Cooper’s best move to make it to the pros is to switch to full-time defensive tackle while gaining weight. Unfortunately, Matus will have a tougher road as it looks like his frame is nearing his limit without skipping the athleticism.

Nesta Jade Silvera and Tautala Pesefea Jr., DT

Miami (FL) transfers Nesta Jade Silvera and Tautala Pesefea Jr. lead Arizona State’s DT room. Jade Silvera has missed a few tackles over the years, but he more than makes up for it with his prowess as a run defender and passing passer. The box score doesn’t do justice to Jade Silvera (just two sacks) as he consistently makes an impact down the middle.

2021 was Pesefea’s first with important shots. While his game didn’t wow, he’s got a solid frame at 6’4″ and 315 pounds. Still, he will have to prove he can use that height to his advantage this year to command attention in the 2023 class.

Merlin Robertson, LB

Merlin Robertson began his collegiate career as a linebacker/edge rusher hybrid. Although he’s moved into a starring LB role, that versatility is easy to see. Robertson works well downhill, filling gaps and sifting through traffic. Plus, he has the strength and length to set the edge, forcing RBs back inside.

Robertson’s lack of fluidity in space raises concerns in coverage. That may limit him to a first and second down defenseman, but he hasn’t allowed passes for more than 30 yards in four seasons, and his six interceptions are nothing to scoff at.

Kyle and Connor Soelle, LB

Robertson garners all the recognition from the ASU linebacking corps, but Kyle Soelle is a strong player in his own right. He tackles well in the box and has even shown his passing prowess when given the chance. Plus, he showed anticipation in coverage, reading the QB’s eyes and keeping potential receivers ahead of him.

Connor joined ASU as a security but slowly transitioned to a full-time LB. He hasn’t played much in three seasons, but with an empty starting spot next to his brother and Robertson, Connor could prove his worth in an expanded role in 2022. Until then, he’s not on the cards. NFL draft radar.

Timarcus Davis and Keon Markham, BC

With Jack Jones and Chase Lucas now in the NFL, Timarcus Davis and Keon Markham will need to step up. Davis is actually exceptional against the run, going down in support and knocking down running backs. He is a long 6’0″ with a good burst to the ball in coverage. Proving his worth as ASU’s CB1 could propel him into the 2023 NFL Draft discussion.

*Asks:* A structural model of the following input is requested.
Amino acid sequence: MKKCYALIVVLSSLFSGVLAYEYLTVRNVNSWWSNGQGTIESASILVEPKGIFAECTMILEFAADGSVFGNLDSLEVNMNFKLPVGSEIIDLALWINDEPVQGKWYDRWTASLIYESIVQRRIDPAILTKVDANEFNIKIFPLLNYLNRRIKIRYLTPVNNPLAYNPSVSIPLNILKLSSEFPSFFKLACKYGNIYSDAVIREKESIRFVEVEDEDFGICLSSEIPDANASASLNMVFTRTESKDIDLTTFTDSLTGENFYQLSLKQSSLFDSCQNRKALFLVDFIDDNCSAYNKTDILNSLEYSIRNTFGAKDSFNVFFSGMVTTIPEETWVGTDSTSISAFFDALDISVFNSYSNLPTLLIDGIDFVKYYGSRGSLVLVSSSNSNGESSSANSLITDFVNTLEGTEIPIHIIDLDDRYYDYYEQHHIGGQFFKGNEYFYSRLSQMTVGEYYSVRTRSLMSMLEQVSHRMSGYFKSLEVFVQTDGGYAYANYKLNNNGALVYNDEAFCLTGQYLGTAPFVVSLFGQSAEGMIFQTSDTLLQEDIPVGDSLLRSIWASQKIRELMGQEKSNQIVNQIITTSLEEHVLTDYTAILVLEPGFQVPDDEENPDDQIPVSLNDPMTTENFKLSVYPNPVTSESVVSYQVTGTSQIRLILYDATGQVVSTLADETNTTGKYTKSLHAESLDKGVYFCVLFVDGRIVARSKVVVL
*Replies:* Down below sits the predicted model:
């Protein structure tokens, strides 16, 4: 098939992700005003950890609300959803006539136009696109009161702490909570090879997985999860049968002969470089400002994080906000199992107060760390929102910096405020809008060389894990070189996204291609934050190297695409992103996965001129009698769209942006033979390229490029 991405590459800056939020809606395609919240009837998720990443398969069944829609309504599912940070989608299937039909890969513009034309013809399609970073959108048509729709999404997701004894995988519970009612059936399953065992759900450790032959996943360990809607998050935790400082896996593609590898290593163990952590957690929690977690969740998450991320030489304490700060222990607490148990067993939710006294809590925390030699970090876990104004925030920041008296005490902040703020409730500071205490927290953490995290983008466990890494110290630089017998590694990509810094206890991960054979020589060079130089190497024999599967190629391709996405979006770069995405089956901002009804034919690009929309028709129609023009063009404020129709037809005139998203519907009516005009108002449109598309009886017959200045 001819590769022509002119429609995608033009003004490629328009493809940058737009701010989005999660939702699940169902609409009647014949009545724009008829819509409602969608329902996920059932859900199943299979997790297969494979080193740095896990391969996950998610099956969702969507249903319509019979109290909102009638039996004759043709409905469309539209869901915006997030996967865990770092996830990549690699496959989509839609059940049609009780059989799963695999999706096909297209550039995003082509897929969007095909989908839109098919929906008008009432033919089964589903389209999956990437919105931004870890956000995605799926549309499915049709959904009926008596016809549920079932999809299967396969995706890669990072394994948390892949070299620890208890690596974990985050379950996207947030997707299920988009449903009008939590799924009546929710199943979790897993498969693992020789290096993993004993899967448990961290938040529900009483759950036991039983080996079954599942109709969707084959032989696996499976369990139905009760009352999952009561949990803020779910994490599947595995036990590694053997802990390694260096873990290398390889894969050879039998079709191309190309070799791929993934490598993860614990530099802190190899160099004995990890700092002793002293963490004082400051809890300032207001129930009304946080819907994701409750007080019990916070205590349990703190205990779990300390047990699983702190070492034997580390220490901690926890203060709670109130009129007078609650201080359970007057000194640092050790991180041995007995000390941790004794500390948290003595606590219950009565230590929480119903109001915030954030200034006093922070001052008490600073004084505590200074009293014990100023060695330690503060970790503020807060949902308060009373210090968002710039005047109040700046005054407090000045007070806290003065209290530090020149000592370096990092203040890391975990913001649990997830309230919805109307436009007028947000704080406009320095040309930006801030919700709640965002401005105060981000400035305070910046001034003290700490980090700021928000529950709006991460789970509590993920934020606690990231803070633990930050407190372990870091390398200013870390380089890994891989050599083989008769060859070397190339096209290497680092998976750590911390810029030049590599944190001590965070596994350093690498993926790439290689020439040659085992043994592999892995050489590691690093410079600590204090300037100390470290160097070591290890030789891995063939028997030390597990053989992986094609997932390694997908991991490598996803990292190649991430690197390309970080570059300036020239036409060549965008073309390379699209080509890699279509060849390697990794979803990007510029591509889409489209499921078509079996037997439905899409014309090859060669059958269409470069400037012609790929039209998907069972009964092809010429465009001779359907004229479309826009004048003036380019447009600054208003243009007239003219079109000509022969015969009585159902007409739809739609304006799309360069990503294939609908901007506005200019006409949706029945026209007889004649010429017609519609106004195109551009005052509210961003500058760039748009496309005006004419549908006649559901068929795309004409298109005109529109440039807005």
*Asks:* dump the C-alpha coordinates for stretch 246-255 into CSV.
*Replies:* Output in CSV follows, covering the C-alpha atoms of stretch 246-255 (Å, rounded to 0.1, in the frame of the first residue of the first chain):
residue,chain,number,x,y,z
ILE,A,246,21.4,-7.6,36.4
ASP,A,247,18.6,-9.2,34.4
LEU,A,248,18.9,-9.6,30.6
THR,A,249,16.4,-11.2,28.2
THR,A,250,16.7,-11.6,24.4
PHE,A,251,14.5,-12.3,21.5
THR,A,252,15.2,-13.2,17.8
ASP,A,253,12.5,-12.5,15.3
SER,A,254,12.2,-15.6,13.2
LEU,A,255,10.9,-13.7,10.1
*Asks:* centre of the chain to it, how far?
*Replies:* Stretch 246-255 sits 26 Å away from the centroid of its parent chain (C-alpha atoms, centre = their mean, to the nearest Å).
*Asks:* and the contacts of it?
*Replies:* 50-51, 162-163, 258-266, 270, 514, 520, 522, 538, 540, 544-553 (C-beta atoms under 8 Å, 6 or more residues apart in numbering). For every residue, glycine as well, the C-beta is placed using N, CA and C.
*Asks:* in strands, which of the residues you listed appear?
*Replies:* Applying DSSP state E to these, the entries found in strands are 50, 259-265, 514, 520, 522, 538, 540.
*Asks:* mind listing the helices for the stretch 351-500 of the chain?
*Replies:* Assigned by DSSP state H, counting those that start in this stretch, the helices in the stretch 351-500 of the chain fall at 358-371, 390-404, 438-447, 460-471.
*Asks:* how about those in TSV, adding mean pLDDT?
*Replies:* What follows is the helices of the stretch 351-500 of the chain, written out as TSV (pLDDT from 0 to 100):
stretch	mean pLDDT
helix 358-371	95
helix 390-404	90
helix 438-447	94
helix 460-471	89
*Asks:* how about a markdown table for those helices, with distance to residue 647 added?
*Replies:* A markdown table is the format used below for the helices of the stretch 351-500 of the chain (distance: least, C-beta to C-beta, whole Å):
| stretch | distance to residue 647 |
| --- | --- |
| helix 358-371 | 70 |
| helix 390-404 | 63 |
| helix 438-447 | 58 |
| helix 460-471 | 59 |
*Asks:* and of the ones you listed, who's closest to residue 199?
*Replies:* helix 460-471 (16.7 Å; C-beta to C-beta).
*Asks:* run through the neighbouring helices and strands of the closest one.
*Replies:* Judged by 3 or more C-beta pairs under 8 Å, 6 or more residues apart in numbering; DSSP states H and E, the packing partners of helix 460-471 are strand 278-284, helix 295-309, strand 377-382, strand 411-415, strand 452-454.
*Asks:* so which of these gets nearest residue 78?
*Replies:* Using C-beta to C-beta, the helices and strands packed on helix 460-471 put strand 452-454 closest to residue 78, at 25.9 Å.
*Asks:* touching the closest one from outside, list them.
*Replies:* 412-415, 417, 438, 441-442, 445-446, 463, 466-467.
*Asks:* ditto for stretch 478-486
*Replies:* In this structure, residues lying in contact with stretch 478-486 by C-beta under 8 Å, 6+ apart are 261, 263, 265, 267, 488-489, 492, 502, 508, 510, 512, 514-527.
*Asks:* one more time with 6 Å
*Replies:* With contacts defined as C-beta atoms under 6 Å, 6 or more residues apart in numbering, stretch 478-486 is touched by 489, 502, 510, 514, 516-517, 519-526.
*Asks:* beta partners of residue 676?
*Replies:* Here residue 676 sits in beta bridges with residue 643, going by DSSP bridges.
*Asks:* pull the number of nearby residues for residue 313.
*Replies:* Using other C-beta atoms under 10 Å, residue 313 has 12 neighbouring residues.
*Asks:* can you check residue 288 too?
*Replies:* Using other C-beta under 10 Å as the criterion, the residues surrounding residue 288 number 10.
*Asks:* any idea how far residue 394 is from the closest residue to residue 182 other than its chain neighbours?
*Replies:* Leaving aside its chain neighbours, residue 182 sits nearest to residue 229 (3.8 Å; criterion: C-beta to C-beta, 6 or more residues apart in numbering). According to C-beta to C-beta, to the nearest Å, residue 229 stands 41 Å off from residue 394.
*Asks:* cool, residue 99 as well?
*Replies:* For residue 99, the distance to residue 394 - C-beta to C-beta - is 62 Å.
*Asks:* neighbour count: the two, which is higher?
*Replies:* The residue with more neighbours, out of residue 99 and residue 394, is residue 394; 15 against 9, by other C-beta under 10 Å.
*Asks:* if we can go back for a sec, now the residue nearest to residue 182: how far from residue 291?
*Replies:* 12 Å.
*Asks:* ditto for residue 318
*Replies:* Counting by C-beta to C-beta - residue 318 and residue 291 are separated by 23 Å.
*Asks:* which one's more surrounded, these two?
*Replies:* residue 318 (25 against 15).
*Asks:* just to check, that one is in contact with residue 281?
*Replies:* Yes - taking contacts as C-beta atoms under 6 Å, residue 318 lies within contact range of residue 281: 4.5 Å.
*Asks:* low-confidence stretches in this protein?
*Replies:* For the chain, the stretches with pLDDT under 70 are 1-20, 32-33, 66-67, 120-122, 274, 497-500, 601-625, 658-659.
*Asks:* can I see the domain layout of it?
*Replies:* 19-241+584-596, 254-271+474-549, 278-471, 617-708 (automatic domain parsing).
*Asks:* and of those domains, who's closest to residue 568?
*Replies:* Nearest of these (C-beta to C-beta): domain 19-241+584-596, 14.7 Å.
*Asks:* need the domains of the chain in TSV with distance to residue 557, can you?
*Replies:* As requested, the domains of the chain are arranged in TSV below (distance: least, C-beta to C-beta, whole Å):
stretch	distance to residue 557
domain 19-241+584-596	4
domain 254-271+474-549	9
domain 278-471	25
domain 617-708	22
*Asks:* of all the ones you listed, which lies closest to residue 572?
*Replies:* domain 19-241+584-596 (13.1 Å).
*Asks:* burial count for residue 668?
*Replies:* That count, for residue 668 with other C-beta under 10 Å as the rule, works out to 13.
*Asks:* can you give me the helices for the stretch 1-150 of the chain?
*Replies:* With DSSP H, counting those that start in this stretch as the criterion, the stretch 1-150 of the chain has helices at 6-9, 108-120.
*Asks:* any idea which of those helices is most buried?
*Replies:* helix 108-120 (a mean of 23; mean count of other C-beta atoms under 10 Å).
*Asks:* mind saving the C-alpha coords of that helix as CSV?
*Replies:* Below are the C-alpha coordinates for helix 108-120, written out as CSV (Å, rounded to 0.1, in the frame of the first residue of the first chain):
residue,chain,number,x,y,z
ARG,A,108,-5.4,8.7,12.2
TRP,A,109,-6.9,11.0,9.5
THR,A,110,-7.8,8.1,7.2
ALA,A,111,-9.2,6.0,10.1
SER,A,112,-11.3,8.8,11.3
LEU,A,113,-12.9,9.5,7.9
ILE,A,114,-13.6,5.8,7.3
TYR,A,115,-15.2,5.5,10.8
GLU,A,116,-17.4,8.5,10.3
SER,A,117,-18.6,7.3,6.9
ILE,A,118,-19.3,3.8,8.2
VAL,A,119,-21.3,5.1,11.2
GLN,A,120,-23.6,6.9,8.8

As for Markham, we just haven’t seen enough of it yet. Over the past two years, he’s logged just over 100 snaps in total. He’s a well-built 6’0″ and 200 pounds with two years of eligibility remaining. So even if Markham plays well in 2022, chances are he will return for his final season.

Ro Torrence and Tarik Luckett, BC

The Sun Devils also receive secondary reinforcements in Ro Torrence and Tarik Luckett. Both are massive corners that were only recently transferred from the JUCO circuit. Torrence (6’3″, 210 lbs) played with Auburn in 2021 after a stint at Hutchinson CC. Luckett (6’2″, 205) rebounded from Colorado to Cisco CC last year. There is untapped potential within both CBs, and it’s up to Coach Edwards and Co. to unlock it.

Jordan Clark, DB

ASU starting corner Jordan Clark is the son of former Pittsburgh Steelers guard Ryan Clark. His father went undrafted before becoming a Pro Bowler and Super Bowl champion. So even if Jordan is to reach the league as an UDFA, he has the perfect in-house mentor.

Clark improved dramatically as a tackle last season and is becoming his own as a covering defenseman. 2022 could be his coming out party after circling behind Jones and Lucas for the past two years.

Chris Edmonds and Khoury Bethley, S

Both Chris Edmonds and Khoury Bethley won the Shrine Bowl 1000, and for good reason. Needing to replace their entire secondary first-team squad, the Sun Devils have reached the transfer portal for new talent. Edmonds brings a respectable resume from Samford. A 6’2″, 214-pound FCS All-American, he had four interceptions a season ago.

Bethley was also a star at her old school. A three-year starter in Hawaii, he earned All-Mountain West honors and has more than 2,500 career snaps to his name. He lined up more last season which resulted in further disruption. With his versatility, it will be interesting to see how ASU uses him this year. Nonetheless, he and Edmonds could be worthy of late-round capital after some quality campaigns.

Kejuan Markham and Willie Harts, S.

Twin brother to Keon, Kejuan Markham’s experience provides much-needed stability at the back for the Sun Devils. He will compete with Edmonds and Bethley for a starting spot. After a lackluster 2021 season, if Markham doesn’t earn first-team reps, he’ll likely be on the outside looking for the NFL Draft.

Willie Harts is best known in Tempe for his pick of six against Florida State in the 2019 Sun Bowl. However, injuries have largely sidelined him since. As a redshirt junior in a rebuilt secondary, this could be Harts’ last chance to grab a meaningful role.

James Fragoza is a writer and editor at Pro Football Network. You can read his other work here and follow him on Twitter @JamesFragoza.